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The primary defense against vm escape attacks specifically is defense-in-depth. Specifically that if there are varied and plentiful defensive mechanisms in place that an attacker will trigger enough of them that the defender can stop the bad things from happening. Even if an attacker successfully breaks out of one vm in one hyper-visor, there can still be ...


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I think this needs to be broken down into smaller questions that can be reasonably answered. Can the a VM repeatedly access the same memory address quickly enough to trigger the row hammer effect? I see no reason why that would be impossible. It is certainly possible that something about the virtualized environment could end up interfering with that ...


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It depends on your adversary, though I will say no. At the moment, there are no known vulnerabilities for this attack vector. Thus, if your adversaries are script kiddies, then you are safe. It will be a box of chocolates (not knowing what you might get), thus a useless attack: A vulnerability likely might allow someone to read or modify a different ...


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Highly customized and patched hypervisors, sandboxes around said hypervisors to mitigate breakouts, and heavy monitoring. Of course, any given server only hosts so many VMs, so a breakout is fundamentally limited to a finite number of guests, if it's able to get past the protections outside the hypervisor. For example, QEMU can be compiled with a hardened ...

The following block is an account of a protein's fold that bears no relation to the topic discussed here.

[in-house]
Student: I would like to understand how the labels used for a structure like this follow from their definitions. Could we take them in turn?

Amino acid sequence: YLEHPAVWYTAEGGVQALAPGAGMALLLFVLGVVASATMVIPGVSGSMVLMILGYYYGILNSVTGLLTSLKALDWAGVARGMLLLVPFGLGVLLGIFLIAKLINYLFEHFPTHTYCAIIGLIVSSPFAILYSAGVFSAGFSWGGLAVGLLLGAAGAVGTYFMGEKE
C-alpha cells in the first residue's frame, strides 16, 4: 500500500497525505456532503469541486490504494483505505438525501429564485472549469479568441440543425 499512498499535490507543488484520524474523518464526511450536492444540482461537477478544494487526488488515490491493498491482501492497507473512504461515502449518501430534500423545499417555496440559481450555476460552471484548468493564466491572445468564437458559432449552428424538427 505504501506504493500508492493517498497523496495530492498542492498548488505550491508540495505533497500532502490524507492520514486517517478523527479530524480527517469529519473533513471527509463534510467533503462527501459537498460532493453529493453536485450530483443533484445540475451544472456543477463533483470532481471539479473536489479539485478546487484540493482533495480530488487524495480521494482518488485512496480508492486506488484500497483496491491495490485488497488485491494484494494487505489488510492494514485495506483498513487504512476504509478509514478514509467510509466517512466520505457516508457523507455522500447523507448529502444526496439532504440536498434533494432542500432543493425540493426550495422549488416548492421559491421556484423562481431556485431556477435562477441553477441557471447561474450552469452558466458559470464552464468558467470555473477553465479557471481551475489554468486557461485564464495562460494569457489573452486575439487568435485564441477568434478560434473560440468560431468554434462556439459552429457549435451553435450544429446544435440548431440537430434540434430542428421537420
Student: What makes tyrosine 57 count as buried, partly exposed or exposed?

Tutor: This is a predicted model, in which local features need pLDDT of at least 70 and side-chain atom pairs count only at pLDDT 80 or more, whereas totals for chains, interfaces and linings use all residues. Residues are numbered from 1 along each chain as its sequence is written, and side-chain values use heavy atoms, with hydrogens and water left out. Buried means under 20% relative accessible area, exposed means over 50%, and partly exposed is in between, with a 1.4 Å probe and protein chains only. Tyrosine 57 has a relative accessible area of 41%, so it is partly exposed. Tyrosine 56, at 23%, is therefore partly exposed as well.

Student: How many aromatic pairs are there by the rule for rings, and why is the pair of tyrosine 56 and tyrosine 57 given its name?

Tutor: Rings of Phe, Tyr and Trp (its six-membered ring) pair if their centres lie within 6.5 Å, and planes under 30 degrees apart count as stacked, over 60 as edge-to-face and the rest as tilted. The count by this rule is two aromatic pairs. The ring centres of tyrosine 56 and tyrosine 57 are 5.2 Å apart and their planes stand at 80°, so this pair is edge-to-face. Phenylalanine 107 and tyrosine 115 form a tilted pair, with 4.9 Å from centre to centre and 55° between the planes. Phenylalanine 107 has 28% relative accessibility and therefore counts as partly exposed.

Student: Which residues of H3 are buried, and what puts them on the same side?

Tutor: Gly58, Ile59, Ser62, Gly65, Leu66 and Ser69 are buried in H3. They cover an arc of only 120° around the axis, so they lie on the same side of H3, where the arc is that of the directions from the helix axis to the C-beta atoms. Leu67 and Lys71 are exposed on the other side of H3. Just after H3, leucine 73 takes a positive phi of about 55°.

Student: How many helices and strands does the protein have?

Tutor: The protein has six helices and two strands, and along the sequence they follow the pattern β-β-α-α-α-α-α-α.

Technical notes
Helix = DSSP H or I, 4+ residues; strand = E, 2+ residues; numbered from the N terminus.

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As a developer of Kali, I can attest that this answer is very wrong. Kali is not insecure by default, and has the same security standards as Debian in a default installation. Kali is a Linux distribution aimed at Penetration Testing - as opposed to casual browsing or day-to-day computer activities - which is why some people prefer running it as a virtual ...


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In typical pentesting, Kali is just another tool, it's insecure by default, and is never recommended to be run as your primary OS without some serious baseline hardening. It's typically launched (as a virtual machine) when needed and "paused" or "stopped" when not. This helps keep your host (and files) protected. Additionally, Kali is known to have bugs ...


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How do software companies ensure that their product or app can only run in a given number of bare-metal or VM instances? They don't! Software companies start with some half-a**ed technologies that are incomplete solutions. These are then watered down so they don't break the user model too badly. In the end, the only thing that software licensing does is ...


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One system I've seen is to use dynamic license codes. Each time the software is run, it connects back to the vendor's server. It submits the current license code, and is issued a new one. The old license code is invalidated. If the VM is cloned, then only one clone will have the new license code. Drawbacks with this system: Internet access is required to ...


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There is never 100% security. There are vulnerabilities in web browsers which also work on Linux There is malware for Linux. Malware development is constantly evolving. While you are reading this there are hundreds of people thinking about new ways to get those systems under their control which still elude them. Just because you are not aware of any good ...


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I think you are taking the ransomeware threat to a whole new level. The key from you protecting yourself for such malware is awareness and keeping your programs updated to the latest version. Yes using a VM would help you and you will always be able to delete the VM if you are infected but why go through all that trouble when the key is awareness? Note: ...



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